The gut microbiota plays a key role in the initiation and progression of IBD ( 34 ). In this study, compared to the UC+DSS group the α-diversity of the microbial species composition was found to be higher in the HD+DSS group. IBD-related and pro-inflammatory microorganisms such as Bacteroides vulgatus, Ruminococcus gnavus, Gordonibacter pamelaeae, Enterococcus faecalis, Bacteroides massiliensis, and Bacteroides xylanisolvens, were enriched in the UC+DSS group. The relative abundances of B. vulgatus has been found to be directly correlated with elastase activity, which was significantly increased in patients with UC ( 41 ). In this study, MPO and pro-inflammatory factors were directly correlated with the relative abundance of B. vulgatus. R. gnavus, G. pamelaeae, and E. faecalis. And these microorganisms were enriched in patients with IBD ( 13, 42–46 ). Similarly in this study, these microorganisms were significantly enriched in the UC+DSS group, and their relative abundances were significantly directly correlated with a variety of pro-inflammatory factors. The relative abundance of B. massiliensis, which has a pro-inflammatory effect ( 47 ) was significantly inversely correlated with IL-10 and Foxp3 levels, and significantly directly correlated with the levels of MPO, EPO, and a variety of pro-inflammatory factors such as IL-1β and TNF-α. It has been reported that colonization of GF mice with B. xylanisolvens could induce intestinal inflammation ( 48 ), and the relative abundance of B. xylanisolvens was directly correlated with the levels of MPO, EPO, and a variety of pro-inflammatory factors in this study. The phylum Proteobacteria is more abundant in patients with IBD ( 49 ). In this study, the abundance of Proteobacteria bacterium CAG 139, a taxonomic group of Proteobacteria, was directly correlated with the levels of MPO, EPO, DAO, D-LA, and a variety of pro-inflammatory factors, but significantly inversely correlated with IL-10 levels. In addition, some microorganisms that maintain intestinal health were enriched in the feces of the UC+DSS group, such as Parasutterella excrementihominis, Blautia coccoides, and SCFA-producing bacteria Bacteroides stercoris and Blautia coccoides ( 50, 51 ), which helped UC intervention reduce DSS-induced colitis sensitivity in mice. In addition, Bacteroides intestinalis and Enorma massiliensis were enriched in the UC+DSS group, and the mechanism of the enrichment needs to be explored.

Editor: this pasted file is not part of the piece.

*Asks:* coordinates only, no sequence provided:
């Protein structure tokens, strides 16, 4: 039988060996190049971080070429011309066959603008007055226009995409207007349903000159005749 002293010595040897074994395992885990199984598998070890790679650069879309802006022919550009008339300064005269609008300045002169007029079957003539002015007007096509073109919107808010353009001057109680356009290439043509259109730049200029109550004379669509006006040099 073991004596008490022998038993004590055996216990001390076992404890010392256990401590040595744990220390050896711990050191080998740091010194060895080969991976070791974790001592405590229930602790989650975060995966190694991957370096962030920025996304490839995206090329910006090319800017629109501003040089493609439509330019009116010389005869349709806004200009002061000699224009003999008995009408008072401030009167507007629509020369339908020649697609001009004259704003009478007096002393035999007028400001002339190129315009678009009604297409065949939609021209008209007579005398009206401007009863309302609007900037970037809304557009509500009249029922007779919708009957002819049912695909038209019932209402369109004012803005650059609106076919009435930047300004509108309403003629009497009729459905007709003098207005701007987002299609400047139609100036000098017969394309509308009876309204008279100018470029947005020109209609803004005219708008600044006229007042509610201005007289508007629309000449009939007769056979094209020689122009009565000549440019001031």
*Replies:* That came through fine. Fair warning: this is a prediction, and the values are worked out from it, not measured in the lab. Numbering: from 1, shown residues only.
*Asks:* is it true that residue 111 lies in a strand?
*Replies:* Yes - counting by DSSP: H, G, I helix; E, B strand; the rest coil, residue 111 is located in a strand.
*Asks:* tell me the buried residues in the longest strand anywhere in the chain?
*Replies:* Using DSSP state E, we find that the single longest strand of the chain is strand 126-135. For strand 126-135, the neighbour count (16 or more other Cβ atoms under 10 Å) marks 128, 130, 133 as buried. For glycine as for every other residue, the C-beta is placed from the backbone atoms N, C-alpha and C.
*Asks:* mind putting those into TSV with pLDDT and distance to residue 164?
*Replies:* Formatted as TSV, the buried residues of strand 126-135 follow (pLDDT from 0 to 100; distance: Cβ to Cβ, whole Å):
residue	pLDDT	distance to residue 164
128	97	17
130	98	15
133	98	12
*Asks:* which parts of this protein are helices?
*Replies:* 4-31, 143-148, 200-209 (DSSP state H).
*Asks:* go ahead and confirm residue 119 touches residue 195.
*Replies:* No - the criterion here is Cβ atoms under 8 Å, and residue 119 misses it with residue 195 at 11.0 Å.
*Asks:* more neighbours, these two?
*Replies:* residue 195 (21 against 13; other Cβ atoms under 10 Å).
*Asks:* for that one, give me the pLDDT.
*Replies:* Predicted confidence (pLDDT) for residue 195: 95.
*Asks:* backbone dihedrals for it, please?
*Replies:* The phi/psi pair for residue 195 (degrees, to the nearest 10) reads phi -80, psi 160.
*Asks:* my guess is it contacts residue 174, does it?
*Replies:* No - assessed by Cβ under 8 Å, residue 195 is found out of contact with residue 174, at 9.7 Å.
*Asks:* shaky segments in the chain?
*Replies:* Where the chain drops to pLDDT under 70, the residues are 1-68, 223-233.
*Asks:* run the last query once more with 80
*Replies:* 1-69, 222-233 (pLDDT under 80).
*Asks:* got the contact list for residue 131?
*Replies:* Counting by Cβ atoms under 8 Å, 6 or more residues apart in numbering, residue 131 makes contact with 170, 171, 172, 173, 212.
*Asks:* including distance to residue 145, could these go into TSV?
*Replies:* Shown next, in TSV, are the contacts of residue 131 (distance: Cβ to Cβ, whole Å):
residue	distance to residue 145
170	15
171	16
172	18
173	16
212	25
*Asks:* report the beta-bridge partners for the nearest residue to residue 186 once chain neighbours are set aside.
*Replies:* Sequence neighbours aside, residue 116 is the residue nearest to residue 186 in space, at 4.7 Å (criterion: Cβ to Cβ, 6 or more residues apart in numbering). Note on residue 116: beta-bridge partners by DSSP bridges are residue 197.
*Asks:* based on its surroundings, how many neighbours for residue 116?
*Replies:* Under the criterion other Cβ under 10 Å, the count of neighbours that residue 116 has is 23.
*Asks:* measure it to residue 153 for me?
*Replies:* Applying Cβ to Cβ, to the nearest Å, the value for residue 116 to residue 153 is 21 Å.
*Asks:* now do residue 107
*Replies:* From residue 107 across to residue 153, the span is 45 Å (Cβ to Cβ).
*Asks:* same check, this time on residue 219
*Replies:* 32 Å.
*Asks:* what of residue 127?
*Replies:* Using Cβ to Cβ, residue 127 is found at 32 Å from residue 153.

Akkermansia muciniphila (AKK), Bacteroides eggerthii, Bacteroides plebeius, Bifidobacterium adolescentis, Bacteroides ovatus, and Parabacteroides goldsteinii, which have the potential to treat or alleviate IBD ( 34, 52–54 ), the SCFA-producing bacterium Christensenella minuta ( 55 ), and SBA-producing bacterium Clostridium leptum ( 56 ), were enriched in the HD+DSS group. It has been reported that probiotic AKK is potentially useful in the treatment of intestinal inflammatory diseases ( 52 ); in this study, a high relative abundance of AKK was significantly directly correlated with Foxp3, and inversely correlated with various pro-inflammatory factors. B. adolescentis improves DSS-induced colitis by stimulating protective Treg/Th2 responses ( 34 ). Moreover, B. eggerthi, B. plebeius, B. ovatus, and P. merdae, have been reported to be related to the remission of IBD symptoms ( 53, 54, 57 ). Consistently, these bacteria were significantly enriched in the HD+DSS group and negatively correlated with pro-inflammatory factors. The butyrate-producing bacterium C. minuta has strong immunoregulatory properties that can prevent intestinal damage in acute colitis ( 55 ). P. goldsteinii reduces intestinal inflammation by increasing the activity of mitochondria and ribosomes in colonic cells, and restoring amino acid metabolism ( 58 ). The SCFA-producing bacteria Butyricimonas virosa, Blautia hydrogenotrophica, and Butyricimonas synergistica, also showed a positive correlation with anti-inflammatory factors and a negative correlation with pro-inflammatory factors. C. leptum alleviates intestinal inflammation through a process that depends on the TGR5 bile acid receptor ( 56 ). In this study, the relative abundance of C. minuta, P. goldsteinii, and C. leptum were inversely correlated with a variety of pro-inflammatory factors and DAO and D-LA, which may contribute to the improved integrity of the intestinal barrier in the HD+DSS group. Parabacteroides distasonis is involved in the metabolism of bile acids, increases the level of host lithocholic acid (LCA) ( 59 ), and relieves the symptoms of IBD by regulating immune cells and reducing pro-inflammatory factors ( 16 ). P. distasonis was significantly enriched and negatively correlated with MPO, EPO, and a variety of pro-inflammatory factors in the HD+DSS group. We also found that Alistipes finegoldii and Alistipes putredinis, which represent the core characteristics of health status ( 60 ), were significantly enriched in the HD+DSS group, and negatively correlated with pro-inflammatory factors and intestinal injury indicators. Coprobacter fastidiosus and Lawsonibacter asaccharolyticus were positively correlated with IL-10, and their anti-inflammatory mechanism needs to be further explored.